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 30 dec 2019 09:07 

Syngenta rounding up chemical options just in case glypho goes


Syngenta is not making any specific promises, but it expects to release chemical alternatives to glyphosate if the popular broad spectrum herbicide is pulled off the market.

The seed and farm chemical giant's crop protection president, Jon Parr, says new non-selective product chemistry from his company could be available to farmers in five to seven years.
 
While Mr Parr would not make assumptions about potential threats to Bayer's widely used glyphosate, or its continued registration in Australian or elsewhere, the product has faced increasing public scrutiny and regulatory pressure this year.
 
Germany and France announced plans to ban the herbicide by 2023, concerned about its danger to ecosystems.
 
Other European countries have restricted its use as have Thailand and Vietnam and city authorities in Europe and North America, and US courts have approved big compensation payments to cancer patients by the German-based Bayer which now owns the Monsanto-developed technology, best known as Roundup.
 
Mr Parr said Australian farmers he met last week were asking if the industry could find a replacement for existing non-selective herbicide products, particularly in light of the rise in potential regulation threats to glyphosate.
 
"There is likely to be pressure on these products - in fact, it's happening around the world already," he said while visiting from Syngenta's global headquarters in Basel, Switzerland.
 
The all-purpose knockdown is even under new scrutiny in Australia, with Victoria's Department of Environment, Land, Water and Planning reviewing how glyphosate products are used on public land.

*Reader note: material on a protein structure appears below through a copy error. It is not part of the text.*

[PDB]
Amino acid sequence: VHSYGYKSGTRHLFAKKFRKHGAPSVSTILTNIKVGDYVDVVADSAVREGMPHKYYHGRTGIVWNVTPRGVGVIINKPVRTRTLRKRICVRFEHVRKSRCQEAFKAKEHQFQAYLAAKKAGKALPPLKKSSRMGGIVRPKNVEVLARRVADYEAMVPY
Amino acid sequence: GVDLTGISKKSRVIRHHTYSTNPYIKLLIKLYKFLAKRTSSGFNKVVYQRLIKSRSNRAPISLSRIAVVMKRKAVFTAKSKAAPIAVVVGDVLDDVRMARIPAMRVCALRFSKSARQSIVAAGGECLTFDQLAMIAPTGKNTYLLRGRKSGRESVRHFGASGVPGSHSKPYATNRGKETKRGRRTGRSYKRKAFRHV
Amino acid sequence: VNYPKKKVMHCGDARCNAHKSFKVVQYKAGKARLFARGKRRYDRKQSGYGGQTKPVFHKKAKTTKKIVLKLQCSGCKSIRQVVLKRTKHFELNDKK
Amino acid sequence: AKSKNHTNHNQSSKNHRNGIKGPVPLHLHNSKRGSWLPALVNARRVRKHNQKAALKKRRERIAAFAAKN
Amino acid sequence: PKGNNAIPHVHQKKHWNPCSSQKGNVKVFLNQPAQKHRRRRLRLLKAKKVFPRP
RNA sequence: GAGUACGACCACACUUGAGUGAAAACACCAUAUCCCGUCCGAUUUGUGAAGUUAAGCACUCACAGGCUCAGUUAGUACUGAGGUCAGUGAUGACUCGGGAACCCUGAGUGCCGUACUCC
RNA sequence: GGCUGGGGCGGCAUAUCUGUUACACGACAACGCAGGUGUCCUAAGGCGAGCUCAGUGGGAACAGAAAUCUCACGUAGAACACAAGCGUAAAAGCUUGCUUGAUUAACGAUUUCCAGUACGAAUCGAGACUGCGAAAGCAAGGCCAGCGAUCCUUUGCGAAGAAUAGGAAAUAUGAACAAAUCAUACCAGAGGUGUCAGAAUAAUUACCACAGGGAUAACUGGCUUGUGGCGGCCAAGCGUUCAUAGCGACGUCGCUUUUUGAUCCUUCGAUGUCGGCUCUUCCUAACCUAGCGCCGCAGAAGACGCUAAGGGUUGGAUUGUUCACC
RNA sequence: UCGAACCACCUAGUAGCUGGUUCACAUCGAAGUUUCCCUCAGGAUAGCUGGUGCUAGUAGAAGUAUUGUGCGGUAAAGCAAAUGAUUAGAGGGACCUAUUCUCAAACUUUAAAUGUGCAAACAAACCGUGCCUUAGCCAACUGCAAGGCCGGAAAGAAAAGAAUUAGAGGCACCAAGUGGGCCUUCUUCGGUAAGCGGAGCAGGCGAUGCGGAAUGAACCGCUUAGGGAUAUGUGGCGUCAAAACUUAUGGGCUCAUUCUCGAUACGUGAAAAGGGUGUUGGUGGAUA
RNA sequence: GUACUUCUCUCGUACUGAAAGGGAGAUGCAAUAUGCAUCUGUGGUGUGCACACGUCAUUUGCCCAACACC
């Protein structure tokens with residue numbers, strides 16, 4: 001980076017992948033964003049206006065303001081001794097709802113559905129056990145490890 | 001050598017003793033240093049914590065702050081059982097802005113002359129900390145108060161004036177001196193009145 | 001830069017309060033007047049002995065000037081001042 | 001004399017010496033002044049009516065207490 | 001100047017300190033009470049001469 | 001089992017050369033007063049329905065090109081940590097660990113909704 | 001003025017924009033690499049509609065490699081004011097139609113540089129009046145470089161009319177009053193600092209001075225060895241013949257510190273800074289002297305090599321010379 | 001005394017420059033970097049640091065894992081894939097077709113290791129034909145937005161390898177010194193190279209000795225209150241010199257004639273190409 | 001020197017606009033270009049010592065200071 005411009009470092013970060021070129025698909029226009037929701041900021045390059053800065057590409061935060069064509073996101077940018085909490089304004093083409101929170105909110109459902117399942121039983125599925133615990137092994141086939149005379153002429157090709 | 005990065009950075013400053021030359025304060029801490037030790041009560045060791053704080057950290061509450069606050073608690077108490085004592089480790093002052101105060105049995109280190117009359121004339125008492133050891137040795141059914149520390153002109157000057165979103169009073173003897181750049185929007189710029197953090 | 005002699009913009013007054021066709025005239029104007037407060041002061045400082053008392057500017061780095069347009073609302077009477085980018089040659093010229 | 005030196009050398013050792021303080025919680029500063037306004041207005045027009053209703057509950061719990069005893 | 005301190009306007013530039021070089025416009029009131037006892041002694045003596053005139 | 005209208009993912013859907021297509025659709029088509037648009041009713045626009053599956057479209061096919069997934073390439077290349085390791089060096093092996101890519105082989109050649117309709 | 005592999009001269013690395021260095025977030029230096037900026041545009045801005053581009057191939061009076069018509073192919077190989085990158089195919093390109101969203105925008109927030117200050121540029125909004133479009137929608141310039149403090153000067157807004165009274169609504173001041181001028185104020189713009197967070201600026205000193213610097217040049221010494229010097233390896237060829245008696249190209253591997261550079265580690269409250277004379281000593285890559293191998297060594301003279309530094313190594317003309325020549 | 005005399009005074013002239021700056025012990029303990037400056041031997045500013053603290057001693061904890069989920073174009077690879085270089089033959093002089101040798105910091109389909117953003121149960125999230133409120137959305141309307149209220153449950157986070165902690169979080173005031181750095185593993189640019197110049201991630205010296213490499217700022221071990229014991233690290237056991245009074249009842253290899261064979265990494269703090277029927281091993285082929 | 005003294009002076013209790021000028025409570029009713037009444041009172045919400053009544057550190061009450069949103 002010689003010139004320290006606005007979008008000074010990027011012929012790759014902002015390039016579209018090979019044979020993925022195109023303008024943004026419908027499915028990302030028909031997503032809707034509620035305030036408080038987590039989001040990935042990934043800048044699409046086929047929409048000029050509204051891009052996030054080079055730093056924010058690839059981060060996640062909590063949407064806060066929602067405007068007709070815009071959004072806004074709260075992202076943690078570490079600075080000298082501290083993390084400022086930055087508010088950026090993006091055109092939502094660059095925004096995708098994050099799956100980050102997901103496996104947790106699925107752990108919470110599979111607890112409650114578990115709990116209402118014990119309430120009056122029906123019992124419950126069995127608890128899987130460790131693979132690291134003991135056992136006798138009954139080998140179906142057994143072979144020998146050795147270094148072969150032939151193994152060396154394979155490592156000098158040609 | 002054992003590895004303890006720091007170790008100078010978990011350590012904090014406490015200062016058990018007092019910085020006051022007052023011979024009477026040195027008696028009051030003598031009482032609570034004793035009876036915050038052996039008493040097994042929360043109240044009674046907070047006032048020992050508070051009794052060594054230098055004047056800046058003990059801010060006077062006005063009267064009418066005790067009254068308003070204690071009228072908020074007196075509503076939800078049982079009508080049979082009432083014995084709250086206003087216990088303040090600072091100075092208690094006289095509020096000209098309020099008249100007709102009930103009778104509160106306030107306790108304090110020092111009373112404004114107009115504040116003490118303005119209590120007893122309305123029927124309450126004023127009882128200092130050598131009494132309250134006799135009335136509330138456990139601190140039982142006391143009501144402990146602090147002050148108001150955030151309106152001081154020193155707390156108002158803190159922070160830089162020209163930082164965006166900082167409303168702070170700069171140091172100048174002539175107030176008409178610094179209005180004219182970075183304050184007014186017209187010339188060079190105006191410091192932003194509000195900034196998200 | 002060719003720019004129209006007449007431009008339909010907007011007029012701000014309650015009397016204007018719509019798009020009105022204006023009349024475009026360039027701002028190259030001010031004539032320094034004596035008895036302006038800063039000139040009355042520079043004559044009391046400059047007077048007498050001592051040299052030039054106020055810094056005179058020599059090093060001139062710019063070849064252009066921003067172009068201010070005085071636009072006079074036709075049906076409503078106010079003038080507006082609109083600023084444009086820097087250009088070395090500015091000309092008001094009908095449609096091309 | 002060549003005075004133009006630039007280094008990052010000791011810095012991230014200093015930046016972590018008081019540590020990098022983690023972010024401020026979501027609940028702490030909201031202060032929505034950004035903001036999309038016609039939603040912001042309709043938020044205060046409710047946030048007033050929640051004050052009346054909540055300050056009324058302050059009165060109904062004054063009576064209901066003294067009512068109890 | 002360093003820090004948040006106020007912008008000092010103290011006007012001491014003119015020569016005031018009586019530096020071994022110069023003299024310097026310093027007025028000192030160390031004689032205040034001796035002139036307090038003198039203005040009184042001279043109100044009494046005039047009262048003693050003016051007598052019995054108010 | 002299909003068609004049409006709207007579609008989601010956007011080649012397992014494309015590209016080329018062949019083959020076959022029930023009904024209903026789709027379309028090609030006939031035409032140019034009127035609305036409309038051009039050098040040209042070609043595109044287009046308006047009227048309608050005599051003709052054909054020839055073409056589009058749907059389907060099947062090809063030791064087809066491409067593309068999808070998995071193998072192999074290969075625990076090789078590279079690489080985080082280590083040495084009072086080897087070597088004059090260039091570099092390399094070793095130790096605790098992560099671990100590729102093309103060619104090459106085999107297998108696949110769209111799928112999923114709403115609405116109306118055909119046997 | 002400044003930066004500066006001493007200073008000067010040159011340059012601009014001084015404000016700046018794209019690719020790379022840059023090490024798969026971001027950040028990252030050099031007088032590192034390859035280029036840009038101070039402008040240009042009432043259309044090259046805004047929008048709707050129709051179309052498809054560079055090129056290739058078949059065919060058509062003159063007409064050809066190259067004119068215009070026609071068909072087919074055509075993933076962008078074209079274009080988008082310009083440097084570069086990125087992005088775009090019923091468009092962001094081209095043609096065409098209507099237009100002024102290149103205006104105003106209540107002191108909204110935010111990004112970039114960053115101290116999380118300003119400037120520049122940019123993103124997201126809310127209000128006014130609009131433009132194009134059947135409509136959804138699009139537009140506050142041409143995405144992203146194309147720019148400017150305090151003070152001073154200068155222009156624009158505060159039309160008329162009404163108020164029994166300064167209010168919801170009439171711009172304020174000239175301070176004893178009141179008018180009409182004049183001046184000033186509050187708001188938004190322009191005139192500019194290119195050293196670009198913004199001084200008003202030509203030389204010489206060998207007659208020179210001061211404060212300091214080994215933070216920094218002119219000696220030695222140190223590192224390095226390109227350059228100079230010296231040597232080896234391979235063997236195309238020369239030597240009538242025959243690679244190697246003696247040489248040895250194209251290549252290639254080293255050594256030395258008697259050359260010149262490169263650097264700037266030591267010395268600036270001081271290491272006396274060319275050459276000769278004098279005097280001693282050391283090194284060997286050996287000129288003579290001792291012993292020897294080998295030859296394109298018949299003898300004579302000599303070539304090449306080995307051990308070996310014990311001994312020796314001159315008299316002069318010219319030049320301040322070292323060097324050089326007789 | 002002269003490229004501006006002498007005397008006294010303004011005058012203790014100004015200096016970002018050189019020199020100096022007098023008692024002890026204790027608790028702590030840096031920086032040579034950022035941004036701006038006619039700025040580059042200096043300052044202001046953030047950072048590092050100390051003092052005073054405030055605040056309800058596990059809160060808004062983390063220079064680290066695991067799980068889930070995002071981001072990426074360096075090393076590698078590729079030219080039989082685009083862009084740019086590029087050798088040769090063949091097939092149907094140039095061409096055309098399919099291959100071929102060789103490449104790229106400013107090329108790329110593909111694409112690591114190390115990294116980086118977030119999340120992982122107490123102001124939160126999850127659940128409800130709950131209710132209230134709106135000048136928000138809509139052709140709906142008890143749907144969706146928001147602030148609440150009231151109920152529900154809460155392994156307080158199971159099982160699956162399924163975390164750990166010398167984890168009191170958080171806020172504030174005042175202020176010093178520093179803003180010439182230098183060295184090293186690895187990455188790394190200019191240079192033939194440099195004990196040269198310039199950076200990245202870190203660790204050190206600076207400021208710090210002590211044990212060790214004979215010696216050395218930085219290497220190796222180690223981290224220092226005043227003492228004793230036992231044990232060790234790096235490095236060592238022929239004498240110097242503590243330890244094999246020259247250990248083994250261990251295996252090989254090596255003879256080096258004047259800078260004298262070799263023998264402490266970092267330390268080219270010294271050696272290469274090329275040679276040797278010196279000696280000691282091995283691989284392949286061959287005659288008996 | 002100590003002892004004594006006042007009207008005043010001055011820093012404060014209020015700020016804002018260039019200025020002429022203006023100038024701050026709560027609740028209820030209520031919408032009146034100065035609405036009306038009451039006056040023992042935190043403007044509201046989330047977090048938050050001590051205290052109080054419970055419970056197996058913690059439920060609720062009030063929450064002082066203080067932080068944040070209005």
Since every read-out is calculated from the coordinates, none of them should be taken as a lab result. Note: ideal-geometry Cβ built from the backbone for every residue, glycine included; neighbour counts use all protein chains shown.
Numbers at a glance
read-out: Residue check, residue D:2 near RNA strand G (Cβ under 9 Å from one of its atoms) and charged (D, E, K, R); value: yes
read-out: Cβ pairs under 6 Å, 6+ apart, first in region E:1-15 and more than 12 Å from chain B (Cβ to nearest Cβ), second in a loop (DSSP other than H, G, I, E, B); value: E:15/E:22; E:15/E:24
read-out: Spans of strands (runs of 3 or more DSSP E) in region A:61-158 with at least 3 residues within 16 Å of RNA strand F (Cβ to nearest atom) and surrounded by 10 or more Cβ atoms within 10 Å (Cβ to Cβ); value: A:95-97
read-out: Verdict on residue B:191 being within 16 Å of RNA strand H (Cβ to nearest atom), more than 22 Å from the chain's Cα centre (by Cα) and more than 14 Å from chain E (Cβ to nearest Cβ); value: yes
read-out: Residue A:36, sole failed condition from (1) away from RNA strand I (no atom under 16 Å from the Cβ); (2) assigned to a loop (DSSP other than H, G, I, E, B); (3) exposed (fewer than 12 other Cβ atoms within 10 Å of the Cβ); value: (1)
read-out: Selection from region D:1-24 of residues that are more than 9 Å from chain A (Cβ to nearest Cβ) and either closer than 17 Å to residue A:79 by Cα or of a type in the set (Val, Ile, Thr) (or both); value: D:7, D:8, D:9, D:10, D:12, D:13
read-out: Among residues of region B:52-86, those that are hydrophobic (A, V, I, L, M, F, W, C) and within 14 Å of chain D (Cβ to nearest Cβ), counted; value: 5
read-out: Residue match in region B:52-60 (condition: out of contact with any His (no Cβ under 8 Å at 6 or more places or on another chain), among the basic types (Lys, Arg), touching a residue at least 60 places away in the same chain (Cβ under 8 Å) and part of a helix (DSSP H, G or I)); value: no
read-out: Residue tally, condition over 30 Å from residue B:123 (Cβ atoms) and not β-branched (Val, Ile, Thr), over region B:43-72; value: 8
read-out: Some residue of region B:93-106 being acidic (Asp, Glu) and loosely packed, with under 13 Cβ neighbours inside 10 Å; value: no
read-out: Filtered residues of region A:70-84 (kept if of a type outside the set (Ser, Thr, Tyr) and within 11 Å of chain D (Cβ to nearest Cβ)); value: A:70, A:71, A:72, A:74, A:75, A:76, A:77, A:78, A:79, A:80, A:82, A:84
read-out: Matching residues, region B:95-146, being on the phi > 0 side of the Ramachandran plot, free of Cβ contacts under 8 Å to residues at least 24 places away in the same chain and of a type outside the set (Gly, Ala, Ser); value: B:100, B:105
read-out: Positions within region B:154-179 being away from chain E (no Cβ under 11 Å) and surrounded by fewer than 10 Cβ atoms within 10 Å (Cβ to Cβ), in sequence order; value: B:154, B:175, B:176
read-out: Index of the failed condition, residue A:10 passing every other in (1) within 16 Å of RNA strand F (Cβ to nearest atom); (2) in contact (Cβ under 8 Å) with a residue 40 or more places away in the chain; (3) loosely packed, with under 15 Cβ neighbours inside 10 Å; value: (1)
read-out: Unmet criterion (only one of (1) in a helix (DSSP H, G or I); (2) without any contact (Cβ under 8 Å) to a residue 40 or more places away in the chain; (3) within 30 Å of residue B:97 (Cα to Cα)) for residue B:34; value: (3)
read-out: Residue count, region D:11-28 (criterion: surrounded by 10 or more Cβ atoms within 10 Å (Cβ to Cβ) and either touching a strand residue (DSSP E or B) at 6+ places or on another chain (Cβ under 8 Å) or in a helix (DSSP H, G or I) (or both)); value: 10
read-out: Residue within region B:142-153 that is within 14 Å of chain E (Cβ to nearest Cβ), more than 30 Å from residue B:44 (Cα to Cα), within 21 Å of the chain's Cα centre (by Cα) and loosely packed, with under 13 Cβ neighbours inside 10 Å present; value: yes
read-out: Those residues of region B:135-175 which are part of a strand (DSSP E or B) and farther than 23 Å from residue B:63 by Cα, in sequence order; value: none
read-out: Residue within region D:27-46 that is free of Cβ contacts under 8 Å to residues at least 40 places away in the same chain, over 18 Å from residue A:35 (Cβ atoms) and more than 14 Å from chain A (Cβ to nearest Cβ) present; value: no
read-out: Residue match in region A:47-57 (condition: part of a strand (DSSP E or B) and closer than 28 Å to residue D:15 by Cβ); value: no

Compensation law firm, Maurice Blackburn, has flagged a potential Australian class action against local councils in relation to glyphosate use.
 
Mr Parr believed existing non-selective herbicides were well and truly fit for purpose and should be maintained.
 
"But if they are restricted or removed, then given time, there will be alternatives," he said.
 
"We already have some interesting and exciting herbicides that will contribute to farmers' broad spectrum weed control.
 
In fact, Syngenta's overall innovation pipeline was as strong as he had ever seen it, and Australia was an important and tough counter-seasonal testing ground for potential products emerging from European, US and Asian laboratories.
 
The company's robust synthetic chemistry offering was also being increasingly supported by biological options to assist nutrient uptake, boost crop resilience to weather stresses, or avoid residue risks in freshly harvested produce.
 
"We recognise the flow of innovation is critical to our business, and our industry, and we've made great progress in the past three years," he said.
 
"We've been quite successful with some fantastic molecules, including a fungicide for canola and horticulture (Miravis) released a year ago, which farmers are finding extremely attractive."
 
"Certainly, the hurdle heights for new active ingredients, and to maintain existing registrations, are going up.
 
However, Mr Parr said current levels of negative discussion and litigation action directed at glyphosate were a big worry for the crop protection sector, as well as the rigorous compliance regimes developed to give consumers confidence about products on the market.
 
"The situation glyphosate is in is greatly concerning ... US litigation action has attacked the very basis of how our industry does business" - Jon Parr
 
Roundup had been part of the agricultural marketplace since the mid 1970s and subjected to thousands of trials and exhaustive reviews by regulatory authorities worldwide.
 
"In all cases they have found it safe and fit for purpose," he said.
 
"The situation glyphosate is in is greatly concerning, particularly because US litigation action has attacked the very basis of how our industry does business."



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